Some 180 million Americans – about half the population of the United States – are under heat watches and warnings, with temperatures and heat index values well above 100 degrees Fahrenheit (37.8 Celsius) in the forecast until at least Saturday, the National Weather Service said.
Officials in New York City, Washington D.C., Philadelphia and other big cities urged people to avoid working or playing outside, to drink plenty of fluids and to check on loved ones and neighbors.
“The next four days will be extremely hot – take care of yourself and the people around you,” Washington Mayor Muriel Bowser said on X social media platform, formerly known as Twitter. The nation’s capital was expected to see the heat index, a measure of what the temperature feels like to the human body, reach 107 degrees F (41.7 C).
In Philadelphia, officials declared a health heat emergency until Saturday and created a phone help line for the elderly, opened cooling centers and increased homeless outreach.
Cooling centers have also been opened across New York City for those who do not have access to air conditioning. The heat index could reach 103 degrees F (39.4 C) on Friday in the most populous U.S. city.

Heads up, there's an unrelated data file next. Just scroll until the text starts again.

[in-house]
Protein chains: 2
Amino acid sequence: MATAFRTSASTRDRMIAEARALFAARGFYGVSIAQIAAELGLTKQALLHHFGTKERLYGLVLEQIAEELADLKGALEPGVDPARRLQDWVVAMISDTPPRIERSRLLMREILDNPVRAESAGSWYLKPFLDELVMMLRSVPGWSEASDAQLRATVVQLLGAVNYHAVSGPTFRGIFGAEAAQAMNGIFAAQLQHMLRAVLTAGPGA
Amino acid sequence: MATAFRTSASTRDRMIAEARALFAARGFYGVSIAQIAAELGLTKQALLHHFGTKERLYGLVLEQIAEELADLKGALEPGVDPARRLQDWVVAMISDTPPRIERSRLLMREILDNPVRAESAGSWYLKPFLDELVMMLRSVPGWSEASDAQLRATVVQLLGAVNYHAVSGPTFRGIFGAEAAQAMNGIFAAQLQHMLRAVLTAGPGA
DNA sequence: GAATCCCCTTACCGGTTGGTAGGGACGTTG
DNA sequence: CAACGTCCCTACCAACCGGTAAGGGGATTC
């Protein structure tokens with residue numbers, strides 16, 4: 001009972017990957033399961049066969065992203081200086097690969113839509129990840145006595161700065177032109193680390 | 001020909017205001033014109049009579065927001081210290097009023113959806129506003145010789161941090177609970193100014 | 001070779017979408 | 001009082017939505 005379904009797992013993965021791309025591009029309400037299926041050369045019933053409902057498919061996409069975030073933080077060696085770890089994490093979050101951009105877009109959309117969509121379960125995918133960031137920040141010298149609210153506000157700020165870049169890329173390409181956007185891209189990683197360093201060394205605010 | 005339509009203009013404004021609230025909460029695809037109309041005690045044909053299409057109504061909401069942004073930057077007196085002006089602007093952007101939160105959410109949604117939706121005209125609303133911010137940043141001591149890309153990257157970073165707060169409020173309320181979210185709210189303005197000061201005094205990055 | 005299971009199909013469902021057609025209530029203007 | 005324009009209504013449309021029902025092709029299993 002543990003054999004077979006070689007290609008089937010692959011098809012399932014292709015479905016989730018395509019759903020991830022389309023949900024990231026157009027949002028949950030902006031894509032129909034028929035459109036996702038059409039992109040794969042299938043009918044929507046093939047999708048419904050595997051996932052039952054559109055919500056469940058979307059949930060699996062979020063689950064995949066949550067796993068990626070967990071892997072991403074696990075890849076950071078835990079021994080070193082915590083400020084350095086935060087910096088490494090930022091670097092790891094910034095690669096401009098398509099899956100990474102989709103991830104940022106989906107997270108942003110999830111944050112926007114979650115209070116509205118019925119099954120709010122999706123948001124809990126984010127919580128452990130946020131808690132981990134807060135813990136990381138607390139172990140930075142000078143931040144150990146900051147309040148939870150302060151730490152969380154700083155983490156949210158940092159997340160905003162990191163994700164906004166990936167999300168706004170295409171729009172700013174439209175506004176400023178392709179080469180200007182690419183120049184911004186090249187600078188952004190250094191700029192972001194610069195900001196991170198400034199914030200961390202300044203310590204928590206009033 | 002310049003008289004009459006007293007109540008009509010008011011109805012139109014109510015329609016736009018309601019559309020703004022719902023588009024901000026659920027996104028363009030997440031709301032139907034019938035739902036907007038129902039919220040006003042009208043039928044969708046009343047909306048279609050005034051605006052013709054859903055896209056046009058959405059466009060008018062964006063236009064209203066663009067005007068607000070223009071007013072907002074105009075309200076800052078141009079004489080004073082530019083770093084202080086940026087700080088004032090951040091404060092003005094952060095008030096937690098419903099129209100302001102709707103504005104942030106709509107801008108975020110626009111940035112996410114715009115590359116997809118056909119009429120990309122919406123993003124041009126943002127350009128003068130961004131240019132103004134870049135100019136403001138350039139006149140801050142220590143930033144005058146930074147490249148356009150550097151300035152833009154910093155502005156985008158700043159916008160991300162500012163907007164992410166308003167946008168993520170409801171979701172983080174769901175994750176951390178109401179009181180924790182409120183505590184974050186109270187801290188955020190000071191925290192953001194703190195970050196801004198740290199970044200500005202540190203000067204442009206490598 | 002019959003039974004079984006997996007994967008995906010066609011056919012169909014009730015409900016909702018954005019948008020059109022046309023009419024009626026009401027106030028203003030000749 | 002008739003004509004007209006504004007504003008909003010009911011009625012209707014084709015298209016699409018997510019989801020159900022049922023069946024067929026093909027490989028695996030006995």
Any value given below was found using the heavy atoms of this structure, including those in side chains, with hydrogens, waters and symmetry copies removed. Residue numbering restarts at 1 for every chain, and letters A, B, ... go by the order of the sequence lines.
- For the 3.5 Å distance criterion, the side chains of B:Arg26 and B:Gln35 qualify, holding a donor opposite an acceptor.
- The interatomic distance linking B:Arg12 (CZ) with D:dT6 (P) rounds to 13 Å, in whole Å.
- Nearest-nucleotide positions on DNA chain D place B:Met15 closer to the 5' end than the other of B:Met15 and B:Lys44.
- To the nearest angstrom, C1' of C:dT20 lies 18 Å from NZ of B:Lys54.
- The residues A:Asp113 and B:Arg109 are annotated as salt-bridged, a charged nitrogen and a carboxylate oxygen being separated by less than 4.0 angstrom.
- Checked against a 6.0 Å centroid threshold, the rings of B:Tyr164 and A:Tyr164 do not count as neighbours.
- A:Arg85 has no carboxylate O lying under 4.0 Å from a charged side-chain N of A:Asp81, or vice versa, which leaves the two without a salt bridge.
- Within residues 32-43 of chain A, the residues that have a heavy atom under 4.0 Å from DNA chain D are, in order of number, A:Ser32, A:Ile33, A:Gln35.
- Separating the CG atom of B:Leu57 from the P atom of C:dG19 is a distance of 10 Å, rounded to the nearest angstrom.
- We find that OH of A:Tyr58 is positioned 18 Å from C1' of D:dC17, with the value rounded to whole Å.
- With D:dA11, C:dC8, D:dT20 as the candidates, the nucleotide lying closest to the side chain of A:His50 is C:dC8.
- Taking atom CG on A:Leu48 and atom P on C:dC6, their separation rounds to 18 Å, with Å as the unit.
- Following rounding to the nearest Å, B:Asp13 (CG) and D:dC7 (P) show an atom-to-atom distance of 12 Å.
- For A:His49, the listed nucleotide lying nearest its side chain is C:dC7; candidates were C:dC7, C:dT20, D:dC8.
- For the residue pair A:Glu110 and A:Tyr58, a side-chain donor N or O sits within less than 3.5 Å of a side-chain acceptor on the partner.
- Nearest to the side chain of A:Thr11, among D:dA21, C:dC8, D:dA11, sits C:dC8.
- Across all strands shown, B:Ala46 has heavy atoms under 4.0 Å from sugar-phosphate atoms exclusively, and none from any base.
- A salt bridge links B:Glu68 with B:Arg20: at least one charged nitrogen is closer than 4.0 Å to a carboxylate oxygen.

“Heat is deadly, and climate change is making extreme heat more frequent and even more dangerous, especially for vulnerable New Yorkers,” New York City Health Commissioner Ashwin Vasan said in a statement.
The growing frequency and intensity of severe weather is symptomatic of global, human-driven climate change that is fueling extremes, experts in the field say, with current heat waves expected to persist through August.
June 2023 was the hottest on record in the United States, dating back to 1850. It also was the 47th consecutive June and the 532nd consecutive month with temperatures above the 20th-century average, according to the weather service.
This month is also shaping up to be a record-breaker on a global basis. Thousands of tourists fled wildfires amid baking temperatures in Greece, while temperatures in a northwest China township soared as high as 52.2C (126F).
An analysis by Germany’s Leipzig University released on Thursday found that July 2023 will shatter heat records, with this month’s mean global temperature projected to be roughly 1.5 degrees Celsius (2.7 Fahrenheit) above the pre-industrial mean.
This would make this July at least 0.2C (0.4F) warmer than the same month of 2019, the former hottest in the 174-year observational record, according to European Union data.
A prolonged heat wave has been parked over the US Southwest for weeks. Phoenix, Arizona, is expected to see its 28th consecutive day of temperatures above 110 degrees F (43.3 C) on Thursday, shattering the previous record of 18 straight days.